San Francisco and Baltimore play smashmouth styles of football. Because of this style of play, safety issues in football--especially concerning head injuries--will be discussed, as there will be many old-school, bone-crunching hits in this game. President Barack Obama's remarks last week about changes possibly coming to football to reduce the game's "violence" also sparked discussions about player safety. So did Ravens' linebacker Bernard Pollard's remarks about how he believes an NFL player will die on the field and football will not be around in 30 years. In addition, San Francisco quarterback Colin Kaepernick was inserted into the starting lineup only after quarterback Alex Smith suffered a concussion and took himself out of the game. Look for the announcers to bring that incident up as well.
8. Pistol Formation as the New West Coast Offense
If the San Francisco 49ers win the Super Bowl with the pistol formation, more teams in the league may implement the pistol, just as teams followed the 49ers and their unstoppable West Coast Offense, which was ushered in by the legendary head coach Bill Walsh.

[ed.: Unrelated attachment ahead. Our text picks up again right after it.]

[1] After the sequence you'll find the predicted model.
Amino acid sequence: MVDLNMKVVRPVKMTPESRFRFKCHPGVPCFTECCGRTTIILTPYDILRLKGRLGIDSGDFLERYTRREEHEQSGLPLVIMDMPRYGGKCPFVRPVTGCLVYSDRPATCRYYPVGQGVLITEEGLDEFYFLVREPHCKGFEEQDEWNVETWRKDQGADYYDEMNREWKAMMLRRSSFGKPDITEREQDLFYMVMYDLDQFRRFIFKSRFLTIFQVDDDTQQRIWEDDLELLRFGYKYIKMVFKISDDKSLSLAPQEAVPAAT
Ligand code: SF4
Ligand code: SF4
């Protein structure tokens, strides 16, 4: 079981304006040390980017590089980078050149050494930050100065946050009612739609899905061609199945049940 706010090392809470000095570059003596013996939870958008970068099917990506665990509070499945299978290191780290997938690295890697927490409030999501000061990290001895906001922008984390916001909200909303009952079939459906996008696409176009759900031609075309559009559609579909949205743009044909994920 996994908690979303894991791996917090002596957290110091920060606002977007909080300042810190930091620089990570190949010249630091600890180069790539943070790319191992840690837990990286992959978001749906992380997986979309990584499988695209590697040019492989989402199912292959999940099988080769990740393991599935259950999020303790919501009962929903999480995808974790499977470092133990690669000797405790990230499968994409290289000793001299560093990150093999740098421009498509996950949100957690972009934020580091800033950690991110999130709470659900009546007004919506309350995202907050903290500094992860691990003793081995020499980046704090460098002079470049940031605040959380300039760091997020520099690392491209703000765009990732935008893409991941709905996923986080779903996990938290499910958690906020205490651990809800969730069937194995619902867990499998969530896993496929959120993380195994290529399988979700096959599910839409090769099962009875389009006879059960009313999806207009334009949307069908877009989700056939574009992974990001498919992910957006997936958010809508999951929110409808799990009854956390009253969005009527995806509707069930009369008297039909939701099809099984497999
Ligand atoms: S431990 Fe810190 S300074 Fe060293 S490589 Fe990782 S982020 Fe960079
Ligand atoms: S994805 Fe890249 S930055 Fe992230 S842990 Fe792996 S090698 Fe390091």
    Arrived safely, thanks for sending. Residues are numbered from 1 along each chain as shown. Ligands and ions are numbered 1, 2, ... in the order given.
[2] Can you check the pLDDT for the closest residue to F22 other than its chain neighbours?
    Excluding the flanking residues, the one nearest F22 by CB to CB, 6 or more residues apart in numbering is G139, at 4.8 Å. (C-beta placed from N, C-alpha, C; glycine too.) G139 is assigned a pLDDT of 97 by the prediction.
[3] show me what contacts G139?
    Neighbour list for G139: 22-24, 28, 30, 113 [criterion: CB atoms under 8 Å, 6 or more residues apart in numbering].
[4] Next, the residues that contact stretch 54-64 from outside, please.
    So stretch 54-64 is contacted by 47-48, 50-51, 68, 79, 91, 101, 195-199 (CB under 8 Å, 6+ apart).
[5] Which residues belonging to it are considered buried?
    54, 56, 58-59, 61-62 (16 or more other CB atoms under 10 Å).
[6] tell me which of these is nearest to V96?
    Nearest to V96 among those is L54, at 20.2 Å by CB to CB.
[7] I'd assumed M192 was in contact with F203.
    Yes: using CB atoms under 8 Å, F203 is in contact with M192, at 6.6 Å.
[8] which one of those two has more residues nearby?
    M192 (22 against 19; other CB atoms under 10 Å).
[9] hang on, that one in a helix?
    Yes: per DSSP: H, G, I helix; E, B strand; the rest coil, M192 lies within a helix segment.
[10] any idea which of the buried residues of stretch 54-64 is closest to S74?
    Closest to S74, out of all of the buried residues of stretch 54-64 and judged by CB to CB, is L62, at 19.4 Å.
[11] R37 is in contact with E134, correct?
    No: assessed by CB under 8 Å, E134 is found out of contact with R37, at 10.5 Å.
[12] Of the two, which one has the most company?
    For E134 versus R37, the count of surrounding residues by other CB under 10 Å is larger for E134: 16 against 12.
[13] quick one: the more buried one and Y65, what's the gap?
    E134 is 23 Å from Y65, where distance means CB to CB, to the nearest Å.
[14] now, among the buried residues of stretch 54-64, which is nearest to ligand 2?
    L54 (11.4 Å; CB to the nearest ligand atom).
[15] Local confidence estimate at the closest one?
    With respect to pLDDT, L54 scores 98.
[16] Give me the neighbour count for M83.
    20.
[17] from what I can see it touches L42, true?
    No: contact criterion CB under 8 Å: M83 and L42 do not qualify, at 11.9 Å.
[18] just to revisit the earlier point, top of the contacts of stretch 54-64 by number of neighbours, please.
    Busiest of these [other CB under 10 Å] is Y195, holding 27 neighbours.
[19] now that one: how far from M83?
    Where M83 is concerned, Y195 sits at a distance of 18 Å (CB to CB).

9. Flacco vs. Kaepernick
Baltimore Ravens quarterback Joe Flacco is a traditional pocket passer while San Francisco quarterback Colin Kaepernick is a "new age" quarterback who can run and throw. Since the Ravens and the 49ers have traditional--and extremely stout--defenses, it will be fascinating to see these two completely different quarterbacks go against similar defenses.
San Francisco - running back LaMichael James
If the Ravens stymie the 49ers' game plan, James, a threat every time he touches the ball, can be the difference. Further, James can read the read-option better than San Francisco running back Frank Gore because James was in a read-option offense in college at Oregon.
Baltimore - wide receiver Jacoby Jones
Like James, he is a threat every time he touches the ball or the ball is thrown to him. He can ignite the Ravens' offense by touching the ball just once.
San Francisco - defensive lineman Justin Smith
When Smith went out with an injury, San Francisco's defenders, most notably linebacker Aldon Smith, struggled. Smith is the disruptor that allows the other defenders to better succeed in their roles.
Baltimore -- linebacker Paul Kruger
When San Francisco tries to throw the ball up the middle or attempt short slant passes, look for Kruger to deflect some passes. He has shown a knack this season for being at the right place at the right time with his instincts on defense.
Fun Fact: The first player Ray Lewis ever sacked was Jim Harbaugh. In 1996, Lewis was playing for the Ravens and Harbaugh with the Indianapolis Colts.